I started work this week by experimenting with the 123D Catch app (from Autodesk) on my phone. I scanned a small block object in my lab. The app prompts you to take about 30-40 photos, and gives you guidelines for the angle from which to take the photo. With a bit of processing time, it stiches the photos together into a surprisingly good 3d scan. I used Meshlab to patch up the holes in the mesh, which can be seen below. The Meshlab cleanup felt pretty imprecise to me, though. The scan picked up a lot of extra material under the object, and I wasn't sure how to get rid of that material using Meshlab.
I had a couple different ideas for my 3D printing experiments, but ended up making a few different "mini lamp-shades" that would fit mini holiday lights. This seemed like a fun, useful and small project that would allow for a bit of creative expression. I modeled in Rhino, generally starting with flat shapes and extruding or revolving them to create volumes for printing. I can tell, relative to my modeling efforts the first week, I am much more comfortable using Rhino in a precise, quantitative way. I used the Ultimaker 2 for my prints. I downloaded Cura 15.04.2 on my laptop to place my objects. I had originally modeled in inches in Rhino, and found that when I imported my stls into Cura, the software interpreted my units as mm. I used the scale function to scale the size up by 25.4 to get my model to be the correct size. I used the "Fast Quality" print setting, which came out very nicely. All of my prints took between 1 and 3 hours.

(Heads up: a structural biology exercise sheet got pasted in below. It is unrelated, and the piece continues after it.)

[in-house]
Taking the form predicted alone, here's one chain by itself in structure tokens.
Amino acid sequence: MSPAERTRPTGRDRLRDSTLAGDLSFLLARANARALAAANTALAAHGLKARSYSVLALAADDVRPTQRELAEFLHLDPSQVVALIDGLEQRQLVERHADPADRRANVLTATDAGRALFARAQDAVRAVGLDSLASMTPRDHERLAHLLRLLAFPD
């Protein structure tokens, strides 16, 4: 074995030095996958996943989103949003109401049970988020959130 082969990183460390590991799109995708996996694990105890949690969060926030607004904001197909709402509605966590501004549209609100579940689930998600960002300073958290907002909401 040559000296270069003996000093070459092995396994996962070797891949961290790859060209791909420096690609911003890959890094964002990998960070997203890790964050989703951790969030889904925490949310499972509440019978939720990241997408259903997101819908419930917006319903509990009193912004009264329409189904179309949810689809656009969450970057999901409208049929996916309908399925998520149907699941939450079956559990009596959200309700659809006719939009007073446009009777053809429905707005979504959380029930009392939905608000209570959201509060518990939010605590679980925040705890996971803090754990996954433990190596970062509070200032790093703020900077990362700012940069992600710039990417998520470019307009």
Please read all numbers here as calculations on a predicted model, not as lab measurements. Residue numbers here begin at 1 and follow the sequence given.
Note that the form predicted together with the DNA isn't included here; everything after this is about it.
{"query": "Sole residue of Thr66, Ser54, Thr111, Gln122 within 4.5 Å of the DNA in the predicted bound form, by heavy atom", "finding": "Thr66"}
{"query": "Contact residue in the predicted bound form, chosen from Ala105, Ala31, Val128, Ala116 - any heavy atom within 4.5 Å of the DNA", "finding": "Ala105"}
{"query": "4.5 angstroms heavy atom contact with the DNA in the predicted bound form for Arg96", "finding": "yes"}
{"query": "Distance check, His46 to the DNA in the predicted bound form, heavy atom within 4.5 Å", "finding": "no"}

The design had a bit of support material in the interior when I first removed it from the printing plate, but I managed to get most of it out using tweezers. The very top (which is supposed to come to a point), is a little wobbly, but I'm still pretty happy with the print.
I wanted to experiment with some more irregular shapes, so I designed another mini lamp shade in Rhino (this time modeling in mm). I used the "Revolve" command with a curvy line to create an organic shape, and used the Boolean Difference function to create holes to let light through. I used Cura again to lay the new models - one with holes and one without - on the printing plate. I used the "Print One at a Time" setting so that the Ultimaker would print the shapes sequentially instead of switching back and forth between them. I again used the "Fast Quality" setting. When I first tried to print them on the Ultimaker, no filament came from the head. I restarted the machine and gave the filament a little push from the back. Other than that small adjustment, the printing went very smoothly for me.
These pieces came out pretty nicely as well. They had quite a bit of support material (more than the previous design) but I was able to remove most of it using tweezers. I also used sand paper to smooth out the top of each shape. The support material was all on the inside, so I just needed to make sure that a light would be able to fit comfortably. The outside of the shade with no holes is very smooth. The shade with the holes has a few irregularities near the holes, but I still think light will emanate well.
I tested the shades out with a strand of holiday lights at my apartment. I think the effect is very nice! Unfortunately, the opening at the base of the shade was a little big and didn't really secure the shade onto the light, so I had to use a little tape to hold the shades in place. I had found the width measurement online, and I guess it wasn't exactly the right measurement for the lights I have at my apartment. I measured the ones at my apartment and found that the diameter of the base of the light is 5/16" and the light itself protrudes 3/4" from the base. It would be easy enough to resize my model to fit this size light, so I will keep that in mind for a time when the 3D printer is less in demand.